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'I smoked a lot of' pot, says Ford

Mayor admits puffing as debate rages on

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Toronto Mayor Rob Ford.

CNS (AARON LYNETT / NATIONAL POS Enlarge Image

Toronto Mayor Rob Ford.

TORONTO -- Ontario's premier and Toronto Mayor Rob Ford threw themselves into the political pot debate Wednesday, confessing they too smoked dope -- and more than once.

Ford, who's been fighting allegations that he smoked crack cocaine, raised eyebrows when he freely admitted to using a different drug.

"Oh yeah," he said with a laugh. "I won't deny that. I smoked a lot of it."

Kathleen Wynne also came clean that she puffed some pot, but "very, very infrequently" and stopped 35 years ago, before her children were born and she was elected.

"It's never been a big part of my life," said the 60-year-old premier.

They're the latest high-profile politicians to own up to using marijuana after Liberal Leader Justin Trudeau admitted last week he took a pull on a joint three years ago while he was an MP.

Foreign Affairs Minister John Baird has said he stayed away from the drug after seeing a U.S. Supreme Court nominee withdraw after it emerged he had smoked marijuana in college.

Trudeau said he hasn't lit up since, but Justice Minister Peter MacKay condemned him for breaking the law while serving in public office.

He also accused Trudeau of hypocrisy for voting for mandatory minimum sentences for marijuana production before he stopped smoking up.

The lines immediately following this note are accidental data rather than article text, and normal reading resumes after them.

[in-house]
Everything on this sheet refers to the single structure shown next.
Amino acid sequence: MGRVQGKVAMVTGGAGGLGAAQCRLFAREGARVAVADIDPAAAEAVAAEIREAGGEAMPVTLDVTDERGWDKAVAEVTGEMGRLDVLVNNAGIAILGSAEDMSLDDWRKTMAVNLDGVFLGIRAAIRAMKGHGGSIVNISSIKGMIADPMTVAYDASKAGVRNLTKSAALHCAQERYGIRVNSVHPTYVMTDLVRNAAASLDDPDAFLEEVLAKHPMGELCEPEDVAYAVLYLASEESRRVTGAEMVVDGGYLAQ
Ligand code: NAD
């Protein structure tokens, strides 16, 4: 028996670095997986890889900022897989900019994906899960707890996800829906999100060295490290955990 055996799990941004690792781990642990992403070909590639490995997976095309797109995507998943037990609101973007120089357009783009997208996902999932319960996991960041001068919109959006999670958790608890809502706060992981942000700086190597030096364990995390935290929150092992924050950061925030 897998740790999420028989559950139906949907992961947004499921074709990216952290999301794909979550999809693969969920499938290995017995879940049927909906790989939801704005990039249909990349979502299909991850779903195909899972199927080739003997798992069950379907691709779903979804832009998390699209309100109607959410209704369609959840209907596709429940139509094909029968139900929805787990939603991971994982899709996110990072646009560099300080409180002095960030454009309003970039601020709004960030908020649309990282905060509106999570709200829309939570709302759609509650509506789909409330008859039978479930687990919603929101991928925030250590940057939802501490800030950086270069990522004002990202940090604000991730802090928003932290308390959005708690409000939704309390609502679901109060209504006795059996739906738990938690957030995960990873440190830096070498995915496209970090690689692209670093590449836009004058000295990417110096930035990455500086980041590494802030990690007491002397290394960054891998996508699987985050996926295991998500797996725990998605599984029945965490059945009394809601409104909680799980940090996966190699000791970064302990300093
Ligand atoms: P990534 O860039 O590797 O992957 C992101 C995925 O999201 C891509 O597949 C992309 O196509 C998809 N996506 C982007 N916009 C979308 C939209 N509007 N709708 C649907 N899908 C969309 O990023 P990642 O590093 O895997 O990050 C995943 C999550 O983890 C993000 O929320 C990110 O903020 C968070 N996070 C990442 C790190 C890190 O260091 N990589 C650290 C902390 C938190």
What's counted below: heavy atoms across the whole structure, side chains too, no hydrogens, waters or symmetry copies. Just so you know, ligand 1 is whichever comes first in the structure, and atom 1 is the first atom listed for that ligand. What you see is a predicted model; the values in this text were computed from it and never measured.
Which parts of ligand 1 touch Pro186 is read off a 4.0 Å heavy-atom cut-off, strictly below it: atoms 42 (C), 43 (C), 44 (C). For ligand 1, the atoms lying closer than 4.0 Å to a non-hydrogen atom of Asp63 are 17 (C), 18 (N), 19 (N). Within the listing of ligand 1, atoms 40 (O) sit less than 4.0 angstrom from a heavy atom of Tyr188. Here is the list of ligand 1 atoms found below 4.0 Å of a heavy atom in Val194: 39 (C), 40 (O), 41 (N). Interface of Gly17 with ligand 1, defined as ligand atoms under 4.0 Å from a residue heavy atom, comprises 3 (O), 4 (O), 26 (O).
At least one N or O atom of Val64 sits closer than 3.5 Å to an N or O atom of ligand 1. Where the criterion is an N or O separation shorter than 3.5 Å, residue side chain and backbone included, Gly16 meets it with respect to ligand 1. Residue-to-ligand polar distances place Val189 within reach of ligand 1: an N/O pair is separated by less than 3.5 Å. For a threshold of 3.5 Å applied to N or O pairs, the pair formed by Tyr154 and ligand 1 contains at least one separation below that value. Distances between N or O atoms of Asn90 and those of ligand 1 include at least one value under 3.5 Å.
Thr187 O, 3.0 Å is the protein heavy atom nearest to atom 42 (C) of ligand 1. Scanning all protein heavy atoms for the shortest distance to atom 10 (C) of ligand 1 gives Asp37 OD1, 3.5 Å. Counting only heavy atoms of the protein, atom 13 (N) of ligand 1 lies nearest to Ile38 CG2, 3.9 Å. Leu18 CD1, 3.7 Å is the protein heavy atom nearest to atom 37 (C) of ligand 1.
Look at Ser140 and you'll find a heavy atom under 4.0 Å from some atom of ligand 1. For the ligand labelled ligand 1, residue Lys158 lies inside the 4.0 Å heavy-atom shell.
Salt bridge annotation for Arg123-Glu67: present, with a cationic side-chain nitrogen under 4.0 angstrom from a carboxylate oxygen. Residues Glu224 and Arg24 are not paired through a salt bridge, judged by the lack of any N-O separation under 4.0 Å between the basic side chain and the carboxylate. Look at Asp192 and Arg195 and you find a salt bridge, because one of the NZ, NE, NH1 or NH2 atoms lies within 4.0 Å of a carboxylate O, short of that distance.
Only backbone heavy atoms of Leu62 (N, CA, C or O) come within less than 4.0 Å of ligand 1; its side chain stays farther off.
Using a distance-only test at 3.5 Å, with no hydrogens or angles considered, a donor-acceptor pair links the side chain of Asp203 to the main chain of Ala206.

Wynne said she won't pass judgment on Trudeau or anyone else.

"These are personal decisions that people make and I'm not going to weigh in on the decision of another politician or individual," she said.

Ford's admission Wednesday that he smoked weed came as a surprise since he's refused to answer questions from reporters about his alleged drug use.

In May, Ford denied he used crack in the face of reports he was videotaped smoking the drug, and said he couldn't comment on a video "that I have never seen and may not exist."

Three years ago, Ford admitted he was charged with driving under the influence and marijuana possession in Florida in the 1990s. He at first denied the allegations, but later pleaded no-contest to the impaired-driving charge and the drug charge was dropped.

Wynne, who lived with her young children for three years in the Netherlands, where the drug is legal, wouldn't say whether she agrees with Trudeau that marijuana should be legalized and regulated.

Proponents argue one of the benefits would be generating much-needed cash to pay for public services.

"I think it's one of those contentious subjects that we need to debate," said Wynne.

"I think it's good that it's been raised. I think that it's an important debate to have, but I'm not going to weigh in on one side or other of it at this point."

Former Liberal prime minister Jean Chr©tien tried to decriminalize possession of small amounts of marijuana, but it didn't become law.

For the record, Chr©tien said he never smoked a joint.

 

-- The Canadian Press

Republished from the Winnipeg Free Press print edition August 29, 2013 A7

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